It may have started out as a fad on college campuses, but erasable media is certainly making an impression. Mobile applications that let users view photos and video before they self destruct a few seconds later are putting a new spin on social. And if SnapChat’s “No thanks” to Facebook’s recent 3 billion dollar offer to buy the messaging platform isn’t clear enough, I’d say erasable media has nowhere to go but up. But don’t make the mistake of thinking photo messaging is limited to millennials. With over five million active users since April, more funding and a higher valuation than Instagram or YouTube at this stage, investors see a pretty bright future in SnapChat. For the rest of us? Erasable media may just be the sleeping giant that can round out a marketing campaign.

“Spur of the Moment” Presents Unique Marketing Opportunities

Creating an advertisement that self destructs in just a few seconds seems kind of backward considering the goal of a worthy campaign is long-lasting, impressionable content. Yet the allure of a quick, short-term visual message is strong. A recent Adobe Digital Index Report found that videos and images produce the highest engagement rate, surpassing text by as much as 600 percent. And that presents some pretty unique marketing opportunities. A sneak preview or a glimpse into an upcoming product creates anticipation, building instant enthusiasm. Couple that with discounts or coupons, and you can influence a purchase or incite users to share their own photos using your product.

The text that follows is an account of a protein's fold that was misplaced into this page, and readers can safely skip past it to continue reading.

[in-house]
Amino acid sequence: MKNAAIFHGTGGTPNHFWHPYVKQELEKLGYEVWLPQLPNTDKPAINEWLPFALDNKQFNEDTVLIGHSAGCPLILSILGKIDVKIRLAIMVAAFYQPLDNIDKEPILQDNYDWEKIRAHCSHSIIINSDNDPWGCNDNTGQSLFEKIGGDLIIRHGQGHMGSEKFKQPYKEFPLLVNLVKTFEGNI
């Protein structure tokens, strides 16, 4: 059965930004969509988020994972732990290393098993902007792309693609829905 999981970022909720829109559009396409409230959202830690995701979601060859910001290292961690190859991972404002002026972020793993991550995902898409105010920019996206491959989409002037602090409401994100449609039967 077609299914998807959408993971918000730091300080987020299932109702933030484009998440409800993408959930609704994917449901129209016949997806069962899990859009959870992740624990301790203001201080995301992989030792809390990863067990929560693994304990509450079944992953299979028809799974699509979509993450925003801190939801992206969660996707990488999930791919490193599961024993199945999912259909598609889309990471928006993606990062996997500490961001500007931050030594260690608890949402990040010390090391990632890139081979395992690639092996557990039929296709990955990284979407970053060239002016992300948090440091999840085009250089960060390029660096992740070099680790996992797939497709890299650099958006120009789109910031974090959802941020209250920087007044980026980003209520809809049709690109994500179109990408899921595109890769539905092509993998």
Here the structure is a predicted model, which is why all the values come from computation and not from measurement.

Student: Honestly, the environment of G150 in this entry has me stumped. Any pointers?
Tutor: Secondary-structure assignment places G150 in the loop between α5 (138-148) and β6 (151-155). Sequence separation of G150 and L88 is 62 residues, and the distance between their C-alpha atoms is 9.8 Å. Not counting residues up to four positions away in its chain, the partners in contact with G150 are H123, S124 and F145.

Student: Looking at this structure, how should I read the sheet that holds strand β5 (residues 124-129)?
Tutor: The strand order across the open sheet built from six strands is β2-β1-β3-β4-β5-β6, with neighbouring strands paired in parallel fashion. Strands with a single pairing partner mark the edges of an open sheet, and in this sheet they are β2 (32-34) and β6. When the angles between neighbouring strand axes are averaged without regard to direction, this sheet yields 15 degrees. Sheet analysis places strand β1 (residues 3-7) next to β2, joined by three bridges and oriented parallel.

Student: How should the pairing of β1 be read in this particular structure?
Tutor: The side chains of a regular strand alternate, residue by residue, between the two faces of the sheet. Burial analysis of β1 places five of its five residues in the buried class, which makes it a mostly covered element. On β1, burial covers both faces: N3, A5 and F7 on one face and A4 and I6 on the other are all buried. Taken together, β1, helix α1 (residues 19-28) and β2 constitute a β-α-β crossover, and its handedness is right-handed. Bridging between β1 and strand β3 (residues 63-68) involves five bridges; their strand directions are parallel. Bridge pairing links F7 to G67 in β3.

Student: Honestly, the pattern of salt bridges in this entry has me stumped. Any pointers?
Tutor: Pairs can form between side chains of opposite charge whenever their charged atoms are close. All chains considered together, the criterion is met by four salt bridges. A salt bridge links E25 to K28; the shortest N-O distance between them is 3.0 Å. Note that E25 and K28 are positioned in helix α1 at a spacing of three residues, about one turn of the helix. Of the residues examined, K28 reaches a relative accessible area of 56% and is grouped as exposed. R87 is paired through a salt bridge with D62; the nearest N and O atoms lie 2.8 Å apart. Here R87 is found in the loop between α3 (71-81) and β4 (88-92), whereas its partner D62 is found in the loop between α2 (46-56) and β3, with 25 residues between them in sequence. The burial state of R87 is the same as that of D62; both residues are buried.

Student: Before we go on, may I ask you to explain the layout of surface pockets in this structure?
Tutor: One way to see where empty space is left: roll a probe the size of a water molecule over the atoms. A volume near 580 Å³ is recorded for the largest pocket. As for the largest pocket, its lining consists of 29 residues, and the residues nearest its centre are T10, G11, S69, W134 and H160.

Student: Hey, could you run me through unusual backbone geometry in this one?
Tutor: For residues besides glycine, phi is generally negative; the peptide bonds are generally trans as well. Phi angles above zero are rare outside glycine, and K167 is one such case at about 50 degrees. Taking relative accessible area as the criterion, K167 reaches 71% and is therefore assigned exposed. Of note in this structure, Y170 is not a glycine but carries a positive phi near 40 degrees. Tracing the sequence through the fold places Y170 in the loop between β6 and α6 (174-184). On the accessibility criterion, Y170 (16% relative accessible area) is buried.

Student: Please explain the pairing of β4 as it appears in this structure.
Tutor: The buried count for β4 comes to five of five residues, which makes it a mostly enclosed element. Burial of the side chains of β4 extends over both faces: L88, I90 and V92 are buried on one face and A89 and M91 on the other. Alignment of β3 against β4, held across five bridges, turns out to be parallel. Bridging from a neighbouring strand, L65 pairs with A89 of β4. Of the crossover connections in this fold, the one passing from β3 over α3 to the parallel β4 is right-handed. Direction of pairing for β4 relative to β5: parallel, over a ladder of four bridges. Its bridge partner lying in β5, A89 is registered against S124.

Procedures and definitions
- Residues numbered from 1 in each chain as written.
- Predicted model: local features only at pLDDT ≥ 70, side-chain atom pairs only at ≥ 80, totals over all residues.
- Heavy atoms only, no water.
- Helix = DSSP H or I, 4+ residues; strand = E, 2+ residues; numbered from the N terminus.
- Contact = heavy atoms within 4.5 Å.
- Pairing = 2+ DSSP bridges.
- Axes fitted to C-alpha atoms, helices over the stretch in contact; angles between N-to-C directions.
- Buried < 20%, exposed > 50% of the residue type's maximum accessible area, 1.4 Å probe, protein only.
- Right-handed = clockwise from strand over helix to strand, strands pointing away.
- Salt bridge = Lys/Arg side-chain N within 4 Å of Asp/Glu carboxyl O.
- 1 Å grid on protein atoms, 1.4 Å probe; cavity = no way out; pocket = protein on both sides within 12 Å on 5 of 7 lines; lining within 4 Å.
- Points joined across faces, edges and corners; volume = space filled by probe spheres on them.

The Dynamic, Responsive Nature of Erasable Media

As the photo messaging trend grows, agile companies have experimented with tapping into its potential, deepening engagement and building brand loyalty by connecting and responding in real time. UK-based Lynx body spray sent exclusive, behind the scenes pictures from a recent launch party to “fans,” and Taco Bell introduced a new product offering to loyals. But is there a downside to erasable media? In an increasingly public world, it’s attractive, but for marketers, does it make sense?

Urgency Compels Customer Action

There’s no denying it, ephemeral content is fun. What’s really exciting though is the fact that short-lived, temporary messages create urgency that can actually drive customer action. After all, if you’re “on the clock” each time you view a message with an opportunity to take action, you’re far more likely to pay attention to that content right then. With erasable media, you don’t have the luxury of relying on “mark as unread”—which has become my personal crutch for postponing things I need to get done. Besides, what retailer wouldn’t want the opportunity to interact and persuade customers who are already in the store by pushing them an enticing must-decide deal?

Experimenting with an emerging social platform is not without challenges, and communicating a congruent brand message while using several different platforms can be tricky. However, as brands become more comfortable with measuring social media engagement overall and start to see ROI increase, finding creative ways to integrate erasable media into a marketing mix may make sense.

Pew Research found that nine percent of American cell phone owners currently use Snapchat. That’s fairly significant, considering the raw numbers—350 million “snaps” per day. As marketers, if we’re not considering photo messaging, we may be missing key opportunities to bolster the power of our marketing campaigns with better, faster insight into our customers and their purchasing habits, all in about 10 seconds.

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